Figure 8. Optical microstructure of Nugget Zone (NZ) in highest (a) and lowest (b) welding speed (a) 110 mm/min welding speed (b) 63 mm/min welding speed.
Figure 8. Optical microstructure of Nugget Zone (NZ) in highest (a) and lowest (b) welding speed (a) 110 mm/min welding speed (b) 63 mm/min welding speed.
Metals 07 00048 g008
Figure 9. Optical image of NZ and TMAZ (110 mm/min) 100X.
Figure 9. Optical image of NZ and TMAZ (110 mm/min) 100X.
Metals 07 00048 g009
Figure 10. Grain orientation analyzed by Electron backscatter diffraction (EBSD) of NZ and TMAZ (110 mm/min).
Figure 10. Grain orientation analyzed by Electron backscatter diffraction (EBSD) of NZ and TMAZ (110 mm/min).
Metals 07 00048 g010
Figure 11. Hardness mapping at: (a) 63 mm/min; and (b) 110 mm/min.
Figure 11. Hardness mapping at: (a) 63 mm/min; and (b) 110 mm/min.
Metals 07 00048 g011aMetals 07 00048 g011b
Figure 12. Kissing bond in 89 mm/min: (a,b) macrograph of kissing bond in root; and (c,d) SEM image of kissing bond.
Figure 12. Kissing bond in 89 mm/min: (a,b) macrograph of kissing bond in root; and (c,d) SEM image of kissing bond.
Metals 07 00048 g012aMetals 07 00048 g012b
Figure 13. EDX mapping of oxide layer around kissing bond: (a) SEM image of kissing bond; (b) distribution of oxygen around the kissing bond in yellow color; and (c) distribution of Al around kissing bond in red color.
Figure 13. EDX mapping of oxide layer around kissing bond: (a) SEM image of kissing bond; (b) distribution of oxygen around the kissing bond in yellow color; and (c) distribution of Al around kissing bond in red color.
Metals 07 00048 g013
Figure 14. Fracture location: (a) As-weld; and (b) Machined.
Figure 14. Fracture location: (a) As-weld; and (b) Machined.
Metals 07 00048 g014
Figure 15. SEM image from kissing bond location: (a) 500×; and (b) 1000×.
Figure 15. SEM image from kissing bond location: (a) 500×; and (b) 1000×.
Metals 07 00048 g015
Figure 16. EDX analysis of kissing bond fracture location.
Figure 16. EDX analysis of kissing bond fracture location.
Metals 07 00048 g016
Figure 17. SEM image from RS-LHZ location: (a) 500×; and (b) 1000×.
Figure 17. SEM image from RS-LHZ location: (a) 500×; and (b) 1000×.
Metals 07 00048 g017
Figure 18. EDX analysis of RS-LHZ fracture location.
Figure 18. EDX analysis of RS-LHZ fracture location.
Metals 07 00048 g018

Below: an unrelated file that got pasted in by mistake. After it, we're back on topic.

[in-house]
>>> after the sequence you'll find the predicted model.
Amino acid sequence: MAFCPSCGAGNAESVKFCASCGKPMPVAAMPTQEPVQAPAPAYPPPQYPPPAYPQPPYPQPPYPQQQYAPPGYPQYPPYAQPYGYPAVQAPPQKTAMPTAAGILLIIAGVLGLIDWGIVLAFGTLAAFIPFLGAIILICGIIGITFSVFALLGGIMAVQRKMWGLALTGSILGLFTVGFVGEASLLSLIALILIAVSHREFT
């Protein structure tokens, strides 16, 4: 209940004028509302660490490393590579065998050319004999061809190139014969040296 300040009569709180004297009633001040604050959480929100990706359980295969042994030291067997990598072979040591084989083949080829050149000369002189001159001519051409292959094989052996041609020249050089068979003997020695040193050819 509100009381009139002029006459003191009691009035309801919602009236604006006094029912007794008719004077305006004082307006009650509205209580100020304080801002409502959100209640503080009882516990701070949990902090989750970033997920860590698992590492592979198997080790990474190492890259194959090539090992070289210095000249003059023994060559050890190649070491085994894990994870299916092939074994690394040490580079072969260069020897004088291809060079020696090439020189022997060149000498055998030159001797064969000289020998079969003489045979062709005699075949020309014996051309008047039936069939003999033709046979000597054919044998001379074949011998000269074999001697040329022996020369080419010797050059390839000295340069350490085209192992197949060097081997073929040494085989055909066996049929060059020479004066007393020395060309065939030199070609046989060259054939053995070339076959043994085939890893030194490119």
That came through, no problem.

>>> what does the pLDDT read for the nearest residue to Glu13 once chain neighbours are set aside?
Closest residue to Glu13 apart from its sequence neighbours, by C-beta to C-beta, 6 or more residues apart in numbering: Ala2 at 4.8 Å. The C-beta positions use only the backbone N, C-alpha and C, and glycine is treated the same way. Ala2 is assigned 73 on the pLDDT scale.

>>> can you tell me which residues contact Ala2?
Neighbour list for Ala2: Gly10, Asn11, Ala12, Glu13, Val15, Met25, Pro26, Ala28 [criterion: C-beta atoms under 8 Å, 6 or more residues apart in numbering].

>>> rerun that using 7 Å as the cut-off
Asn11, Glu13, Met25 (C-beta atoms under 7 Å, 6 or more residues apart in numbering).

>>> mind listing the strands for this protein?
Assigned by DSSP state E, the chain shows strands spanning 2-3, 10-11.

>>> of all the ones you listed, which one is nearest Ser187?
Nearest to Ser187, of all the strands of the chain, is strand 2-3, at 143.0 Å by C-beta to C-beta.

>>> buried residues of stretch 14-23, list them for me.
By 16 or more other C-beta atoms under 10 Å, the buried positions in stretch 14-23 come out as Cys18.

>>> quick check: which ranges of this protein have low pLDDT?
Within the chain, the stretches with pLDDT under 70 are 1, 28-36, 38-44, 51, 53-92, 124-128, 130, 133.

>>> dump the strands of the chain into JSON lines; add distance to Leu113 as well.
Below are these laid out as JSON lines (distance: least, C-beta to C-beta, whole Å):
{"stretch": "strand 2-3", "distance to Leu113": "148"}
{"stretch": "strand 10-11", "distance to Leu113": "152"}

Table 1. Nominal chemical composition of materials used in FSW experiments (wt. %).
Table 1. Nominal chemical composition of materials used in FSW experiments (wt. %).
MaterialSiMgCuFeMnCrZnTiAl
AA6061-T60.540.960.270.430.050.040.020.02Balance
Table 2. Mechanical properties of the 6061-T6 aluminum alloy.
Table 2. Mechanical properties of the 6061-T6 aluminum alloy.
Yield Strength (MPa)Ultimate Strength (MPa)Elongation (%)Hardness (HV)
269 ± 2300 ± 115 ± 0105 ± 3.1
Table 3. Summary of dimensions of the tools used in Friction Stir Welding (FSW) experiments.
Table 3. Summary of dimensions of the tools used in Friction Stir Welding (FSW) experiments.
PurposeLpin (mm)Dpin (mm)Dshoulder (mm)Pitch (mm)Cone Angle
FSW of AA 6061-T69.510.50241.260°
Table 4. γ and β deviation for different welding speed.
Table 4. γ and β deviation for different welding speed.
Deviation AngleWelding Speed
63 mm/min89 mm/min110 mm/min
γ deviation15°12°12°
β deviation16°16°15°
Table 5. Grain size of Nugget Zones (NZs) and Heat Affected Zones (HAZs).
Table 5. Grain size of Nugget Zones (NZs) and Heat Affected Zones (HAZs).
SampleWelding Speed (mm/min)Average Grain Size NZ (μm)Average Grain Size HAZ (μm)Average Grain Size Base Metal (µm)
16316.1133125
28911128125
311010.7128125
Table 6. Mechanical properties obtained by tensile tests (average).
Table 6. Mechanical properties obtained by tensile tests (average).
No.Welding Speed (mm/min)Fracture (Location)Ultimate Tensile Strength (UTS in MPa) RS-LHZ/Kissing BondYield Strength (YS in MPa) RS-LHZ/Kissing BondElongation (%)
163RS-LHZ132 ± 2.1127 ± 1.414 ± 0.4
289RS-LHZ/Kissing bond(141 ± 1.73)/(117 ± 2.2)(137 ± 1.4)/(97 ± 1.9)(16 ± 0.3)/(3.6 ± 0.13)
3110RS-LHZ/Kissing bond(159 ± 2)/(119 ± 1.6)(134 ± 1.7)/(95 ± 2)(16 ± 0.5)/(3.5 ± 0.15)
Back to TopTop